Treated rainwater helps you control or prevent water-borne diseases, thereby keeping your family healthy.
Revitalize The Groundwater Level
An increase in water demand has made people resort to underground water to meet their daily needs.
This has led to the depletion of groundwater. Rainwater collection means less demand for underground water, thereby improving its quantity and quality.
5 Steps To Use Rainwater When Living Off-grid
To use rainwater, first, check the local regulations. Once done, determine the amount of water to meet your needs and use an appropriate rainwater harvester to collect just that.
You might need to learn how the chosen method works. The last steps are filtration and treatment, after which the water is ready for use.
Many people make mistakes by not following the steps of collecting safe rainwater for drinking and general use. Let that not be you. Follow these steps:
Step 1: Check Local Regulations And Guidance
There might be local laws and regulations that govern how rainwater should be collected in your area.
Check them out and ensure that the water harvesting method you will be using is permitted to avoid clashing with the authorities.
Step 2. Determine The Amount Of Water Will Need
For families, we have a table on how many gallons for a single family. On average, each person uses about 37 gallons of water daily. The daily water requirements by different households are outlined in the table below.
|Size of Household||Gallons Needed|
About 70% of total daily water usage is for indoor use. Outdoor water usage stands at about 30%, but it can be higher in dryer areas and homes with water-intensive landscapes.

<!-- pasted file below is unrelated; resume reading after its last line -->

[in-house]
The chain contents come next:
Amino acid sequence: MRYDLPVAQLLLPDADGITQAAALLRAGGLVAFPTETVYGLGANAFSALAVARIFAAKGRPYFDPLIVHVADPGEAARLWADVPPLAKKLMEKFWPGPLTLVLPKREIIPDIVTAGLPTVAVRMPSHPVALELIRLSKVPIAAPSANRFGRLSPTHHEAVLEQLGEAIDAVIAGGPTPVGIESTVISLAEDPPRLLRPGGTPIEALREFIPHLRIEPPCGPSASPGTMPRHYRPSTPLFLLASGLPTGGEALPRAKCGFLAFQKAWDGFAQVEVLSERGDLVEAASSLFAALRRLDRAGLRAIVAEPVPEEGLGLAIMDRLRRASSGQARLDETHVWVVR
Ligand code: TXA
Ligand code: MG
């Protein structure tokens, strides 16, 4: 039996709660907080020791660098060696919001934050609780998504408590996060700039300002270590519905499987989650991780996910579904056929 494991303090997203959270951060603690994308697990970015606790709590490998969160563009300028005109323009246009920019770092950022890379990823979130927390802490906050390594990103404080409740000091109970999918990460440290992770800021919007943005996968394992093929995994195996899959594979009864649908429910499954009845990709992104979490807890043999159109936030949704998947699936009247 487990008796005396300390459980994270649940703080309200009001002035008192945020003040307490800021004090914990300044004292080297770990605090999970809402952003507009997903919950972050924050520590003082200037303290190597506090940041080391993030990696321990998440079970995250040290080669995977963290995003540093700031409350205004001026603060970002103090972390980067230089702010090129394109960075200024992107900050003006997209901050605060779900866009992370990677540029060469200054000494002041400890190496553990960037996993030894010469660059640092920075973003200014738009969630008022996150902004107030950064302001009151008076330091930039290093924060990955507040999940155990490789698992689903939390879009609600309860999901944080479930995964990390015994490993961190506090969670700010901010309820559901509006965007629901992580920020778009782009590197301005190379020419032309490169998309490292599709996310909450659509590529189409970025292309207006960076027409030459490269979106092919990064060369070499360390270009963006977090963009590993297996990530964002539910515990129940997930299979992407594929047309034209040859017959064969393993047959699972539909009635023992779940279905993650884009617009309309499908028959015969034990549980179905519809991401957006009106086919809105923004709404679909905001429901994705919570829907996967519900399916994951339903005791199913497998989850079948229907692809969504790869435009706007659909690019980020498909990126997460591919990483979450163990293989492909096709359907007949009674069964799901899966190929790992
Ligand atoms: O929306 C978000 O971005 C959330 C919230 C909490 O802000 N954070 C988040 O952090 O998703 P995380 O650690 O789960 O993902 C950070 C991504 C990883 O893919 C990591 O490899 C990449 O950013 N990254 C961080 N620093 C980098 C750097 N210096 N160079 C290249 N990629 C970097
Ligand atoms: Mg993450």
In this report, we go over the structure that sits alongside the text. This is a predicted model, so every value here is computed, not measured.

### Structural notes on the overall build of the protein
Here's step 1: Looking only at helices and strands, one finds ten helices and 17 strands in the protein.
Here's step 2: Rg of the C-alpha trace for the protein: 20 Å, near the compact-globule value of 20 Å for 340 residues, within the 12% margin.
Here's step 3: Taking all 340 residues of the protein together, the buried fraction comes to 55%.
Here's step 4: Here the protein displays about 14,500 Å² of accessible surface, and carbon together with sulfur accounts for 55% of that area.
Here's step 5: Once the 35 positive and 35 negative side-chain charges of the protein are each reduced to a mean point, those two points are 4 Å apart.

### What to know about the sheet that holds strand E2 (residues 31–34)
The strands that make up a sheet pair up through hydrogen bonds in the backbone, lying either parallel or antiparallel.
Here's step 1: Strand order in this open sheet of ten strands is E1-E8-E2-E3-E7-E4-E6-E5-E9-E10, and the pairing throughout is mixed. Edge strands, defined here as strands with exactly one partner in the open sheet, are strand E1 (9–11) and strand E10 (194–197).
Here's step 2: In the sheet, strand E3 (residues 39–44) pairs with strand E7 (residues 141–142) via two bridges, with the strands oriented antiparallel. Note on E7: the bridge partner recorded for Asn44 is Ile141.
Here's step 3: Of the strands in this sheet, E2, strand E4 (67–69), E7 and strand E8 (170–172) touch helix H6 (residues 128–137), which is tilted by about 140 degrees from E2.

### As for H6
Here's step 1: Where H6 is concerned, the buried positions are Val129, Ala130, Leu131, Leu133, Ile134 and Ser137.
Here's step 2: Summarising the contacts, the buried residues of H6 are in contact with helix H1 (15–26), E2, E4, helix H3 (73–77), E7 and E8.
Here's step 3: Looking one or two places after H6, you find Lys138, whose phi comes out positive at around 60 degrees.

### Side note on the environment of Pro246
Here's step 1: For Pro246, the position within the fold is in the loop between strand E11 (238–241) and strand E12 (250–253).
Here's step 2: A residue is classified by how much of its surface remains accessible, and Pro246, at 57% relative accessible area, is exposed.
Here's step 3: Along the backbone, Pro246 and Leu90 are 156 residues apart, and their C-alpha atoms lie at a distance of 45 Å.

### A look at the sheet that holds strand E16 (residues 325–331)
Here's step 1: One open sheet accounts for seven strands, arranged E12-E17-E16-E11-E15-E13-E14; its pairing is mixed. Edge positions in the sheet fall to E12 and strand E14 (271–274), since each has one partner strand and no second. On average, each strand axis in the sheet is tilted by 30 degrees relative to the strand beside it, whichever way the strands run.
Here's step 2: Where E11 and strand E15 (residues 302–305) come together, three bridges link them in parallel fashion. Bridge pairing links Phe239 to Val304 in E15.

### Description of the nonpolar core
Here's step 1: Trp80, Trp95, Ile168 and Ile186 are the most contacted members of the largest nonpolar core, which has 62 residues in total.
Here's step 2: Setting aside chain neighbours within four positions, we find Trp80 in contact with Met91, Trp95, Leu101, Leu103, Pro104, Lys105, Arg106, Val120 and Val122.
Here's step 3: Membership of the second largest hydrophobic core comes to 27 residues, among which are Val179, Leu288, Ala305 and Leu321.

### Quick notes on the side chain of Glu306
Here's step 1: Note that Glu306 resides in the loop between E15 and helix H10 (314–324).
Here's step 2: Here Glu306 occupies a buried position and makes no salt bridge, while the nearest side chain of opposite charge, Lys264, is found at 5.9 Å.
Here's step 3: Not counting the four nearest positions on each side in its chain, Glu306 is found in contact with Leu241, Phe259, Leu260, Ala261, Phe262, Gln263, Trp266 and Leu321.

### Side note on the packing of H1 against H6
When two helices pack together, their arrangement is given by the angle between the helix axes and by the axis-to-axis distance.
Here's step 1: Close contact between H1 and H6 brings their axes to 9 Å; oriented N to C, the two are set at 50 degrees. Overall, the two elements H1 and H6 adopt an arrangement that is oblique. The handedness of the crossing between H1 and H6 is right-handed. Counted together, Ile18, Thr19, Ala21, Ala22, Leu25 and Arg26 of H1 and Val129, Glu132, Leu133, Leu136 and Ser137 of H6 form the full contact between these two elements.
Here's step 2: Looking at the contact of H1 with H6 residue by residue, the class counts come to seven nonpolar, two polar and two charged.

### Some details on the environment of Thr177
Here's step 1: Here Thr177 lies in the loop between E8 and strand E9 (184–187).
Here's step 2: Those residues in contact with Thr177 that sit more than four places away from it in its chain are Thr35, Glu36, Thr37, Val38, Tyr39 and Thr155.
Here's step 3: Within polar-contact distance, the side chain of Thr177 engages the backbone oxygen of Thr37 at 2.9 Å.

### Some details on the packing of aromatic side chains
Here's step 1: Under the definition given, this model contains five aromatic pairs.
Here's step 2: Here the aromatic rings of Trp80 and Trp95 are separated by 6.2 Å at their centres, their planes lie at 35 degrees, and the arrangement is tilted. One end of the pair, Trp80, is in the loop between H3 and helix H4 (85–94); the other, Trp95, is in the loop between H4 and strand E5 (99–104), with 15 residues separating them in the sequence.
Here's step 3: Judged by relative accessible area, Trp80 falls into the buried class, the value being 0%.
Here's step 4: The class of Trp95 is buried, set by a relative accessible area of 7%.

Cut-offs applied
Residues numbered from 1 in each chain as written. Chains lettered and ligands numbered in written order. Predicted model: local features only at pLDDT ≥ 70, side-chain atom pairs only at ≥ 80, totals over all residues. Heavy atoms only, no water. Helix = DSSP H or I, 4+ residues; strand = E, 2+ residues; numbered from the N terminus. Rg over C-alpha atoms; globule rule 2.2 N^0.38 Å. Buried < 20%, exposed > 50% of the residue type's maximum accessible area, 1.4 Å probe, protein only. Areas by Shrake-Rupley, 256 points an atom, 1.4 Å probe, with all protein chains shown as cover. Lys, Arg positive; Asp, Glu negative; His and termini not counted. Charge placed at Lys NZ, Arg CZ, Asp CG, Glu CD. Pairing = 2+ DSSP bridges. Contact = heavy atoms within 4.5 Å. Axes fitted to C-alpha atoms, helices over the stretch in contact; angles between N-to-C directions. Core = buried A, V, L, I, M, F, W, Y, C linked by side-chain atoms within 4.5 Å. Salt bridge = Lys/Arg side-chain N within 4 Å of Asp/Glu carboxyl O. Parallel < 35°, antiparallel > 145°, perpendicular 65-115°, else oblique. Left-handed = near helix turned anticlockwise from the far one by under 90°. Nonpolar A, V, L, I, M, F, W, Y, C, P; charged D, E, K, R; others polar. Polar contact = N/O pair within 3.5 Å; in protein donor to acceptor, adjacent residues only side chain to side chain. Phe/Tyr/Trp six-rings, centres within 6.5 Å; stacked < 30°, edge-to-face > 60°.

Please note that your daily water consumption can significantly increase if you use it for irrigation or watering livestock.
Step 3. Learn How A Water Harvester Works
There are different types of rainwater harvesters. You should learn about them and choose the one that meets your needs or is reliable in your area. More on rainwater collection systems in the next section.
53 Gallon Portable Rain Barrel Water Tank
- 53 Gallon Capacity, 27.5'' tall x 24'' wide. Portable, collapsible, quick no-hassle assembly and storage. Easy to transport
- Built with the highest quality duty, 3-ply PVC material and super-tough zipper, UV-heat/cold-freeze resistant. Built to last outdoors
- Pack list: high flow spigot, downspout spigot, overflow spout, leakproof washers, 6 sturdy legs/feet, super-tough barrel with filtered intake hole
Step 4: Water Filtration And Treatment
Rainwater only needs to be filtered and treated to make it safe for drinking and other uses. You do not need to worry about water softening because rainwater is classified as soft with zero hardness.
Check the section on how to filter rainwater for more information.
Filtering removes any suspended particles such as plant materials. Treating, on the other hand, kills water-borne disease-causing organisms. This makes water safe for both human and livestock use.